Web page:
The inner face qf plug 85 is provided with four intersecting radial grooves 850. which act as fluid passages. Fitted into the opposite end of body 84 is a valve-seat ring 88 which cooperates with sealing gaskets 89 and 90. A screw plug 9| is swivelly pierced by a nipple 92 that is attached in a fluid tight manner to a disc 93. When the plug 9| is screwed inplace, disc 93 is brought into fluid tight engagement with gasket 90 and sealing pressure is transmitted to gasket 89. Captive within, and slidable with respect to valveseat ring 88,'is a movable valve element 94 having four fluid passages 95. The solution entering the check valve assembly through nipple 92 passes throughfluid'pa'ssages 95,"and moves the check valve element-94 against the inner end of plug 85. The solution flows from passages 95 around the head of check valve element 94 and through passages 85a to outlet nipple 86. In case of conditions which would tend to cause reverse flow, check valve element 94 is moved against its seat in valve ring 88 (to the position shown in Fig. 5) and thereby preventing return flow.
Nipple 85 is connected by a thick-walled rubber tube 96 to a nipple 26 connected into the water suction line 28 as shown in Figs. 1 and 8.
In connection with the apparatus suitable electrical connections may be used, such as shown in Fig. 2. The motor I00 may be the motor of a conventional automatic pressure system used for pumping water. Such systems are conventionally provided with a pressure limit switch that closes and starts the motor when the pressure in the storage tank has dropped to a predetermined figure. This pressure limit switch is indicated at IOI in Fig. 2. As the storage tank fills, the pressure rises and when the pressure reaches a predetermined upper limit the pressure limit switch opens and breaks the circuit to the motor.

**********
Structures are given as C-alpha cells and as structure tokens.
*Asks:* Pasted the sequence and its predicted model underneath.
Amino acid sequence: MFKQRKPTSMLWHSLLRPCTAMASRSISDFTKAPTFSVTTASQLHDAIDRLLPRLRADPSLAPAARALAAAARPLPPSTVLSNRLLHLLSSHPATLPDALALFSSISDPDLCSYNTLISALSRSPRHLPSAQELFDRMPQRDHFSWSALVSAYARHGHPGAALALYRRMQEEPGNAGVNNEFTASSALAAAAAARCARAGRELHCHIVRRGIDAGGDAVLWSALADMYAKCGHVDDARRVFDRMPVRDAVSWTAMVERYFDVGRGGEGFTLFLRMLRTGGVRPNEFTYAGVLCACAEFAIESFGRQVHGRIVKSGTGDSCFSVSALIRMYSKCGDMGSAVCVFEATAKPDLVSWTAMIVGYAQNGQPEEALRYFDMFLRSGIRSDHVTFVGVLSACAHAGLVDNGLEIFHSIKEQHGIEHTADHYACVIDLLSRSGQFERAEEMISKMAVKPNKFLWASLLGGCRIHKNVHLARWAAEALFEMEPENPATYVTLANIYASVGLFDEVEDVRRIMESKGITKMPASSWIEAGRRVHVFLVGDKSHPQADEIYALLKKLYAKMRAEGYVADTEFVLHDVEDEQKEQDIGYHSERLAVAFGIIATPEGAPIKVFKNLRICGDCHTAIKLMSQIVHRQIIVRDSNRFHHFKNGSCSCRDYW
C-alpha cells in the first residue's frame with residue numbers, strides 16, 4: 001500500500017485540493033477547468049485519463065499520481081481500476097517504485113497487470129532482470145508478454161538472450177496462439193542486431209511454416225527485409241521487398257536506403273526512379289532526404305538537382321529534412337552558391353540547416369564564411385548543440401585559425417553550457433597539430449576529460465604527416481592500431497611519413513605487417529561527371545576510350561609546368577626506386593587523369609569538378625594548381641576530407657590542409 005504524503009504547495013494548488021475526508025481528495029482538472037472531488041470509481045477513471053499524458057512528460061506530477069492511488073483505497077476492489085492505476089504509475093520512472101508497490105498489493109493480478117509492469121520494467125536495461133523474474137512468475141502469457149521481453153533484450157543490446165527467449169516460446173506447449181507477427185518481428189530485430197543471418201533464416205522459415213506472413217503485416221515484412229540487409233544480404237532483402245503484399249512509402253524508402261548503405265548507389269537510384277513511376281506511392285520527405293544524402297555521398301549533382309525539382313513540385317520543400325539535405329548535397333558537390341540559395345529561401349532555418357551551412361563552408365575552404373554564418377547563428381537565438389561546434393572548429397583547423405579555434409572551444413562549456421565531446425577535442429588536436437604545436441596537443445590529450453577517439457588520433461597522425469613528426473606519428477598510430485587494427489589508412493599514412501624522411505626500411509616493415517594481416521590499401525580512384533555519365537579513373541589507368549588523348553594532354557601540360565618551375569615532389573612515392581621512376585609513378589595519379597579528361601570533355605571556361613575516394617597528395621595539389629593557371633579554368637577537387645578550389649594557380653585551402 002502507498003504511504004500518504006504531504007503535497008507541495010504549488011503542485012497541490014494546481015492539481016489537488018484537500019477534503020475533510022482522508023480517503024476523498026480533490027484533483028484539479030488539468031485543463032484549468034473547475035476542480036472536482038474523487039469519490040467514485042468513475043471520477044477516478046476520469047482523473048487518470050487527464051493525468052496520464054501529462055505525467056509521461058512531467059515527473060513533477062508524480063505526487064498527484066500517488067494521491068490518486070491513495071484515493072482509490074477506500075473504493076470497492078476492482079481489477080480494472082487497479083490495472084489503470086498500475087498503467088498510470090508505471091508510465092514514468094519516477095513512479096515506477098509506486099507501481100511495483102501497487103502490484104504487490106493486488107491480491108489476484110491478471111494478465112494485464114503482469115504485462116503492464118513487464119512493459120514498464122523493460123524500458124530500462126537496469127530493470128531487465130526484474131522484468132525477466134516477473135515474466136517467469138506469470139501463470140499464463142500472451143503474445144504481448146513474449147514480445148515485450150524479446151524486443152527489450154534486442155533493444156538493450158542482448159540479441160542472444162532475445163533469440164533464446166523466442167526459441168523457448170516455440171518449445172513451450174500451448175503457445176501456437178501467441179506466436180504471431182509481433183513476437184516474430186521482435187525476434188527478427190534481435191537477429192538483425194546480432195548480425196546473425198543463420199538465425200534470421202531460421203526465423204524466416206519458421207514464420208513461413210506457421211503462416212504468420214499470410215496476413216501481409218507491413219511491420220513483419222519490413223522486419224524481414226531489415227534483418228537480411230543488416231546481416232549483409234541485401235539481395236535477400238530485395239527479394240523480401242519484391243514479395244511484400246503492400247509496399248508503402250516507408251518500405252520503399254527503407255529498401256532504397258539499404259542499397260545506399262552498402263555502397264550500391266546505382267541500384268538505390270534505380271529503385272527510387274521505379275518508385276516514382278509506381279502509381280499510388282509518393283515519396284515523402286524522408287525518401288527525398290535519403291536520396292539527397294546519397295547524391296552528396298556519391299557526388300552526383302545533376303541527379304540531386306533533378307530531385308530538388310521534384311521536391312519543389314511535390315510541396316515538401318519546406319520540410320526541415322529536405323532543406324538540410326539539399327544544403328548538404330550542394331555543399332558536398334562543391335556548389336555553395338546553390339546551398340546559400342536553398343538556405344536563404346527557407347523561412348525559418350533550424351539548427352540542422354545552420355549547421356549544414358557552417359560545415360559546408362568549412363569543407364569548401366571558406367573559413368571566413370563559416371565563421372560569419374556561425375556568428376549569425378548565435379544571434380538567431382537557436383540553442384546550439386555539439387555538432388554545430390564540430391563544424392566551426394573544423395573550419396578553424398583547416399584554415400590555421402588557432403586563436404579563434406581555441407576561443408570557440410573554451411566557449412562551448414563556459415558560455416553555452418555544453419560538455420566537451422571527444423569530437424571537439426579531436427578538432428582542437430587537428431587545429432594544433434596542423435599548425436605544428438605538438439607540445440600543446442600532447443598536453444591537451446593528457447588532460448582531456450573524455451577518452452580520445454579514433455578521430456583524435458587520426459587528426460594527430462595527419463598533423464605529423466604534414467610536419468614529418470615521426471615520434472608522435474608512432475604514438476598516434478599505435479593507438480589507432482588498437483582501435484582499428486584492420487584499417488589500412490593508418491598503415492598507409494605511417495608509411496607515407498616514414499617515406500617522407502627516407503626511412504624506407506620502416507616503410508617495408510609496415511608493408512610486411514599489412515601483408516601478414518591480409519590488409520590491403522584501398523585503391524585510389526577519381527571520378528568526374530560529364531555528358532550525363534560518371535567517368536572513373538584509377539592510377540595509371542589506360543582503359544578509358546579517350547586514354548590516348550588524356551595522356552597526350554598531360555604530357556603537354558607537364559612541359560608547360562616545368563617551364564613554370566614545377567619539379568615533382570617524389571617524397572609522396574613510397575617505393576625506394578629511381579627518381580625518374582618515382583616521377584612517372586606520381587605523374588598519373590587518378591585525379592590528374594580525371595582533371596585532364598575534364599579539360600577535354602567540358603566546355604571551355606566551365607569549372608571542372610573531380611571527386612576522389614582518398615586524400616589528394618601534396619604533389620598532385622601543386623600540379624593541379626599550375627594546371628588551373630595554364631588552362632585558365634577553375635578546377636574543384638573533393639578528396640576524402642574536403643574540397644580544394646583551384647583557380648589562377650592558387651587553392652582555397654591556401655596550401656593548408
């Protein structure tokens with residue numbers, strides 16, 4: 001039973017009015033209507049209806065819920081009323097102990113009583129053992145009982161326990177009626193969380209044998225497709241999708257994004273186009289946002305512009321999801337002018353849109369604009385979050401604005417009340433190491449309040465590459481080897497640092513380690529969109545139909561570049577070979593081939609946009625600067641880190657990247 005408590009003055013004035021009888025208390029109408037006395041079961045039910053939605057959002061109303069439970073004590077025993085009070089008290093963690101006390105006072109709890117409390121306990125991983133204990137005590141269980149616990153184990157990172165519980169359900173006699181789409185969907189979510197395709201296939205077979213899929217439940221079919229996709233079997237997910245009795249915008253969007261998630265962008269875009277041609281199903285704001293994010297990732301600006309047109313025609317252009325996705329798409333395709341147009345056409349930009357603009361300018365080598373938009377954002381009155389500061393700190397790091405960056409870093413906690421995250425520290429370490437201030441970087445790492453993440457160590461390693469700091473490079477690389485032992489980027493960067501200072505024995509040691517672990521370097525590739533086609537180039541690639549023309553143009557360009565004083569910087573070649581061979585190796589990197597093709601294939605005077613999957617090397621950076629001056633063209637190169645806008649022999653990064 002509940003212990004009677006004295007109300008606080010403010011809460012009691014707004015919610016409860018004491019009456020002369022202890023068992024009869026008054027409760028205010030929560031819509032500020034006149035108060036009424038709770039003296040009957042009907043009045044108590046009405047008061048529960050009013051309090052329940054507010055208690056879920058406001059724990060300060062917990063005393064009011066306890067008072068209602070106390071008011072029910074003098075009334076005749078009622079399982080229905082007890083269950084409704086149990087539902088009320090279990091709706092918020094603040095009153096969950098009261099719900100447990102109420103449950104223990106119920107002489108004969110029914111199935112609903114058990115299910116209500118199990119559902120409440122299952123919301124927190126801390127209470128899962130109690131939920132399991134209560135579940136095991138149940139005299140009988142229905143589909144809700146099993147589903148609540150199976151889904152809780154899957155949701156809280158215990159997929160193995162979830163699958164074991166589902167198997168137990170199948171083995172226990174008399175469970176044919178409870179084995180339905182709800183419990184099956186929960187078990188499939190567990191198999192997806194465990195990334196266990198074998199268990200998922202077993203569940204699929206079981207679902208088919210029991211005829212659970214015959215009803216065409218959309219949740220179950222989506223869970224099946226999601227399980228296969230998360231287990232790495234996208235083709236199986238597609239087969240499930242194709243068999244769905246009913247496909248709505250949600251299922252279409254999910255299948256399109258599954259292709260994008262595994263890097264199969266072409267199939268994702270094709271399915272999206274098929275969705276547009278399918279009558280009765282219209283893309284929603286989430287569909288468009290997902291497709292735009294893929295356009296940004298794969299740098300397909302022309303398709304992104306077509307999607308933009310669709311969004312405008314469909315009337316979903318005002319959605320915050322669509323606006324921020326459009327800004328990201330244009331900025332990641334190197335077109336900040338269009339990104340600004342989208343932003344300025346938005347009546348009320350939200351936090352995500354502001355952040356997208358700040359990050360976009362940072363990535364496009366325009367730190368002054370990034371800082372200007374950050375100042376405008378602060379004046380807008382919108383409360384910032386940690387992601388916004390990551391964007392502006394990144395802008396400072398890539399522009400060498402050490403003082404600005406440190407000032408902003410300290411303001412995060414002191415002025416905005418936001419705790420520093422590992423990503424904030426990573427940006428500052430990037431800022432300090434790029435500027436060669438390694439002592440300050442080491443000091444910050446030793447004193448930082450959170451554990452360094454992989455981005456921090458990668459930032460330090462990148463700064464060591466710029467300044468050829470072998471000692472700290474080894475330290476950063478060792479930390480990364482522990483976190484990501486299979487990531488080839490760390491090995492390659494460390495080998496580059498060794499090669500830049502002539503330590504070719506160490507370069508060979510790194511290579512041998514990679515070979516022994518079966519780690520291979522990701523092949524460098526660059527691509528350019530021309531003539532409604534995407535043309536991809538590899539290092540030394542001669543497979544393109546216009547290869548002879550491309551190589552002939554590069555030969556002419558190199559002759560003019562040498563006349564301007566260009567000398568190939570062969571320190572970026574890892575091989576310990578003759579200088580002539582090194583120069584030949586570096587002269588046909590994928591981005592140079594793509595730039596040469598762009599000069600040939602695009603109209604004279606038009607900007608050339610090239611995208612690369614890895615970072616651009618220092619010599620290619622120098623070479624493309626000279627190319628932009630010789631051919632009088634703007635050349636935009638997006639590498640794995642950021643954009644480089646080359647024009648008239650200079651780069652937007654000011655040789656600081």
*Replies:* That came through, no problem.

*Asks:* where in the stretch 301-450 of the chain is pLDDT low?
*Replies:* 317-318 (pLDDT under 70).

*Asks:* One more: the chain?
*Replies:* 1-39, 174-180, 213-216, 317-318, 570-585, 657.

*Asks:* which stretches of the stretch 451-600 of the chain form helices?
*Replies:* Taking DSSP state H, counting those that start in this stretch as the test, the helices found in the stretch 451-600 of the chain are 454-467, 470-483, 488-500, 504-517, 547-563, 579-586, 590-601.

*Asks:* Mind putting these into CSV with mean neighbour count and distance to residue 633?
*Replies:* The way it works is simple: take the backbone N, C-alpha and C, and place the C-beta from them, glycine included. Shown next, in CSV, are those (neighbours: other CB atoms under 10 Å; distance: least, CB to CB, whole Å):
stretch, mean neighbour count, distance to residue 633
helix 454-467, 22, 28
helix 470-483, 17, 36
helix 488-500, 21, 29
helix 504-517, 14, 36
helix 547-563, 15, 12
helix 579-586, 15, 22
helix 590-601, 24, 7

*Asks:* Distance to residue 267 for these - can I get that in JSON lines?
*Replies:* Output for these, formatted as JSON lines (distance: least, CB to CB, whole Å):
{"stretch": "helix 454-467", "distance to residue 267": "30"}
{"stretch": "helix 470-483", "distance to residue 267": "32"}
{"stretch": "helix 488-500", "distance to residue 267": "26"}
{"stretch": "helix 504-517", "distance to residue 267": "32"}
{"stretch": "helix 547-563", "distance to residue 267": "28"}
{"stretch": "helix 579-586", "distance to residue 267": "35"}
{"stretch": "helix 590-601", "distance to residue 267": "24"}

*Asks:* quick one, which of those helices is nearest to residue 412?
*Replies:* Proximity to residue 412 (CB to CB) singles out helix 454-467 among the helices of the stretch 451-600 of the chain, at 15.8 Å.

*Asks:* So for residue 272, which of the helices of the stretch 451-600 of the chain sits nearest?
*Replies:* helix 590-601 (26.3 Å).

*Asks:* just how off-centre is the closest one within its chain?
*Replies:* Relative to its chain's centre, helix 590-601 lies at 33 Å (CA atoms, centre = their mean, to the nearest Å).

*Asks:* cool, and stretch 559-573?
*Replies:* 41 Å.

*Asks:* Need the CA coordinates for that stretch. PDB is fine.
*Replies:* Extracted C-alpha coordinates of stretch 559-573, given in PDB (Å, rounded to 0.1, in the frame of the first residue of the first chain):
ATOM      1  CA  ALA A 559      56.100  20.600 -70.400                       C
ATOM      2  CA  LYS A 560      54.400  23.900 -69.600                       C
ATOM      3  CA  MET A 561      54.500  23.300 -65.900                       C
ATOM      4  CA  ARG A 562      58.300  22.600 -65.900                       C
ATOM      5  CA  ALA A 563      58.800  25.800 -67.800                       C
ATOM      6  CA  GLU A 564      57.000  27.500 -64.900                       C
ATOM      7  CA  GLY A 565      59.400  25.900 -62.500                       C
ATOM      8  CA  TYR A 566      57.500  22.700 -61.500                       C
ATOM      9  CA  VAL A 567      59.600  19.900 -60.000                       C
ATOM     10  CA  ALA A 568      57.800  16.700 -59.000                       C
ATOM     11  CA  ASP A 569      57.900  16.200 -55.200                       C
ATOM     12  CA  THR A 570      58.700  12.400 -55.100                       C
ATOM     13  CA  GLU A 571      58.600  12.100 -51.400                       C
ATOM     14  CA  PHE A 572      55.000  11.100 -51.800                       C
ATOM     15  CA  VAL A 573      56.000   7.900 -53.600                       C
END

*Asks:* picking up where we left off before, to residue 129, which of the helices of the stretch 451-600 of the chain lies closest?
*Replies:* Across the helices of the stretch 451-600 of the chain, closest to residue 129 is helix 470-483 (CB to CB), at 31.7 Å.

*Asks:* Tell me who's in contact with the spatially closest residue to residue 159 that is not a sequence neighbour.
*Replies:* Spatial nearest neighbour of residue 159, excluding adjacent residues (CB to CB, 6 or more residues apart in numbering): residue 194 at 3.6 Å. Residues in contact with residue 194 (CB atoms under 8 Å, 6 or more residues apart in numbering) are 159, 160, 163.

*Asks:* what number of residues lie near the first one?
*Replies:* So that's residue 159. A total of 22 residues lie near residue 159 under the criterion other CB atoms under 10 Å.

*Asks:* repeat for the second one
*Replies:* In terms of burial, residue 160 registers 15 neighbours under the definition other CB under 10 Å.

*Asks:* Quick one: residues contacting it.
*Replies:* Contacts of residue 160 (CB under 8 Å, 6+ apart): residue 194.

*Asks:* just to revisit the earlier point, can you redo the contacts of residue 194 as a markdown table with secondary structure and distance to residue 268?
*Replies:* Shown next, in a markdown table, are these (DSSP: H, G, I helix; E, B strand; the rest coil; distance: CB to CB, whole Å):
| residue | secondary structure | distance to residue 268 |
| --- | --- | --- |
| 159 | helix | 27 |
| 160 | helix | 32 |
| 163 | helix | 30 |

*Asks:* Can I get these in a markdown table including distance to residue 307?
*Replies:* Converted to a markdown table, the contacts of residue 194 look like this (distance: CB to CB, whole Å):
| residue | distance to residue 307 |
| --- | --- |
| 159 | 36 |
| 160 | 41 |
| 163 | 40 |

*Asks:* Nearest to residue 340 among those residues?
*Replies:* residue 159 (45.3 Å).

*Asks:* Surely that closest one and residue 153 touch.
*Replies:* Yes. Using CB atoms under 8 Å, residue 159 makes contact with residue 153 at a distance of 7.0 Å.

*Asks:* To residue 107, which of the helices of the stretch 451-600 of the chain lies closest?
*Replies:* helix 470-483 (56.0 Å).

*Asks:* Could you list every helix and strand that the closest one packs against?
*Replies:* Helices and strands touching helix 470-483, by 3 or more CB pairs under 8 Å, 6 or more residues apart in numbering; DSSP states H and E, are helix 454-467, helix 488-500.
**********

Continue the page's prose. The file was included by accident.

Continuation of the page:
In Fig. 2 the electrical circuit of the pump motor I00, from the source of electricity I02, not only passes through the pressure limit switch I0 I, but also through the float control mercury switch 33 (see also Fig. 1). Switch 33 is closed so long as there is sufiicient reagent or solution in supply tank 2I. However, as tank 2| approaches an empty condition, the float 30 acts to open switch 33 and breaks the circuit to pump motor I00. Thus the pumping of water will be automatically In Fig. 1. there is shown a "35 which is operated as the float 30 approachesv its lowermost position. This push-button switch 35 is also shown diagrammatically in Fig. 2. As